The Heartbeat Of ETF Tax Efficiency

January 03, 2018

[Editor’s Note: The following originally appeared on Elisabeth Kashner is director of ETF research and analytics for FactSet.]

ETFs are known for tax efficiency, particularly around annual capital gains distributions. Their in-kind redemption process allows for the washing out of appreciated stock positions. Think of it as a holiday gift from the IRS to ETF investors, via its special tax treatment of market makers.

Yet day-to-day trading activities sometimes don’t create enough opportunity to wash out gains, especially when portfolio turnover is high. In fact, if a portfolio manager must rebalance on a particular date, she runs the risk that no client will choose to redeem shares that day.

Given that many funds have minimal or sporadic redemptions, it’s a miracle that most high-turnover ETFs don’t distribute capital gains. 

‘Unheralded Act Of Generosity’

Actually, it's better than a miracle. It's an anonymous, unheralded act of generosity. Behind the scenes, someone provides short-term capital to fund share creations in ETFs slated to rebalance their portfolios. The capital is required for less than a week, and often for just one to three business days.

The capital can be returned as soon as those shares are redeemed. This short-term access to capital allows ETF portfolio managers to essentially manufacture redemptions that wash out capital gains that would otherwise be realized in a rebalance. 

Put another way, something like a short-term loan—sometimes over $1 billion in market value—is behind ETF tax efficiency.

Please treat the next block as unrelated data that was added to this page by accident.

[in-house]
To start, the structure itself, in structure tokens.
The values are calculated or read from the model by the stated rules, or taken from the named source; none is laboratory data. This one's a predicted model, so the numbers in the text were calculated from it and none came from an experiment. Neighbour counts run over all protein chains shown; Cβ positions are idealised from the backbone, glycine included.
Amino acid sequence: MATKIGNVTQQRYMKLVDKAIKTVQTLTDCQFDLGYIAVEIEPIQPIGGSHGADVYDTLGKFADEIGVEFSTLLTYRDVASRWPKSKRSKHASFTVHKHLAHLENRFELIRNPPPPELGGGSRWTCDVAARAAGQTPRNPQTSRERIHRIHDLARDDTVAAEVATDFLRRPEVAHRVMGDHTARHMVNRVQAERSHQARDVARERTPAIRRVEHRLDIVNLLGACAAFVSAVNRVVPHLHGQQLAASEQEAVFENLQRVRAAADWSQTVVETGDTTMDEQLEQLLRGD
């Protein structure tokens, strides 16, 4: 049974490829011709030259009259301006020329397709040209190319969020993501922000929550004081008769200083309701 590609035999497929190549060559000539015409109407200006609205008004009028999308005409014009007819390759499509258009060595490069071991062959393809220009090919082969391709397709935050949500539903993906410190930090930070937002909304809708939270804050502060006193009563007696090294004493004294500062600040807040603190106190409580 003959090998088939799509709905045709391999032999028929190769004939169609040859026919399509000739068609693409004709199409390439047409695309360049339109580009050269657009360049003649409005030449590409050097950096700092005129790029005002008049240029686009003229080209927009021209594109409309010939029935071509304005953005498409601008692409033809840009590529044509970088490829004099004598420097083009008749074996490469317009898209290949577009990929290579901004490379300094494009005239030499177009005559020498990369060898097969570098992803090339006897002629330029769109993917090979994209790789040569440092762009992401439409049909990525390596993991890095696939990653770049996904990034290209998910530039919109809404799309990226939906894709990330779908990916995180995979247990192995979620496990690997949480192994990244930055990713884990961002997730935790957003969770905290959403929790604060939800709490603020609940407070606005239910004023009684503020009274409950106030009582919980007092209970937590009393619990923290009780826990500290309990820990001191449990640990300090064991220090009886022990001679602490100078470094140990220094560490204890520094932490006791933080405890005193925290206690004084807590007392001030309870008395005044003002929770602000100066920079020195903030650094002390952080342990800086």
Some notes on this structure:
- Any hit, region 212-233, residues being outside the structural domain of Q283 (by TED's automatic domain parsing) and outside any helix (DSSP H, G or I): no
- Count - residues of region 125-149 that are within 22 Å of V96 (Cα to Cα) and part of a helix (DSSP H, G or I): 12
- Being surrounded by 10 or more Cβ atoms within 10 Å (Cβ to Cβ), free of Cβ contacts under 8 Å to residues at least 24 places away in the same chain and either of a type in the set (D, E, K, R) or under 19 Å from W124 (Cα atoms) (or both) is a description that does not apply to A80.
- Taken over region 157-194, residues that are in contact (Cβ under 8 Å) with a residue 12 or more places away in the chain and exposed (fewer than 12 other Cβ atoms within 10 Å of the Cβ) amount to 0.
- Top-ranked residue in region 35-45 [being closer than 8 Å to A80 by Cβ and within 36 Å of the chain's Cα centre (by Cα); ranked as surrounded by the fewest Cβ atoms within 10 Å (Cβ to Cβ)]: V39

This practice is common in the ETF industry. Evidence of large inflows that reverse on rebalance day can be found in ETFs from almost all large asset managers, and in many of the funds from smaller issuers as well. Once you know what to look for, it’s easy to see these extraordinary flows. They look like an EKG tape. 

The VanEck Vectors Morningstar Wide Moat ETF's (MOAT) three-year flows chart shows a healthy-looking pattern of huge inflows and matching outflows two business days later.



For a larger view, please click on the image above.


MOAT’s “heartbeat” flows are truly extraordinary. They skew the scale of the chart, rendering normal flows almost invisible.

Since Jan. 1, 2015, MOAT has had flows—in or out—207 times, excluding rebalance days. The most common was a single creation unit, or 50,000 shares. Outflows were rarely bigger than 200,000 shares.



For a larger view, please click on the image above.



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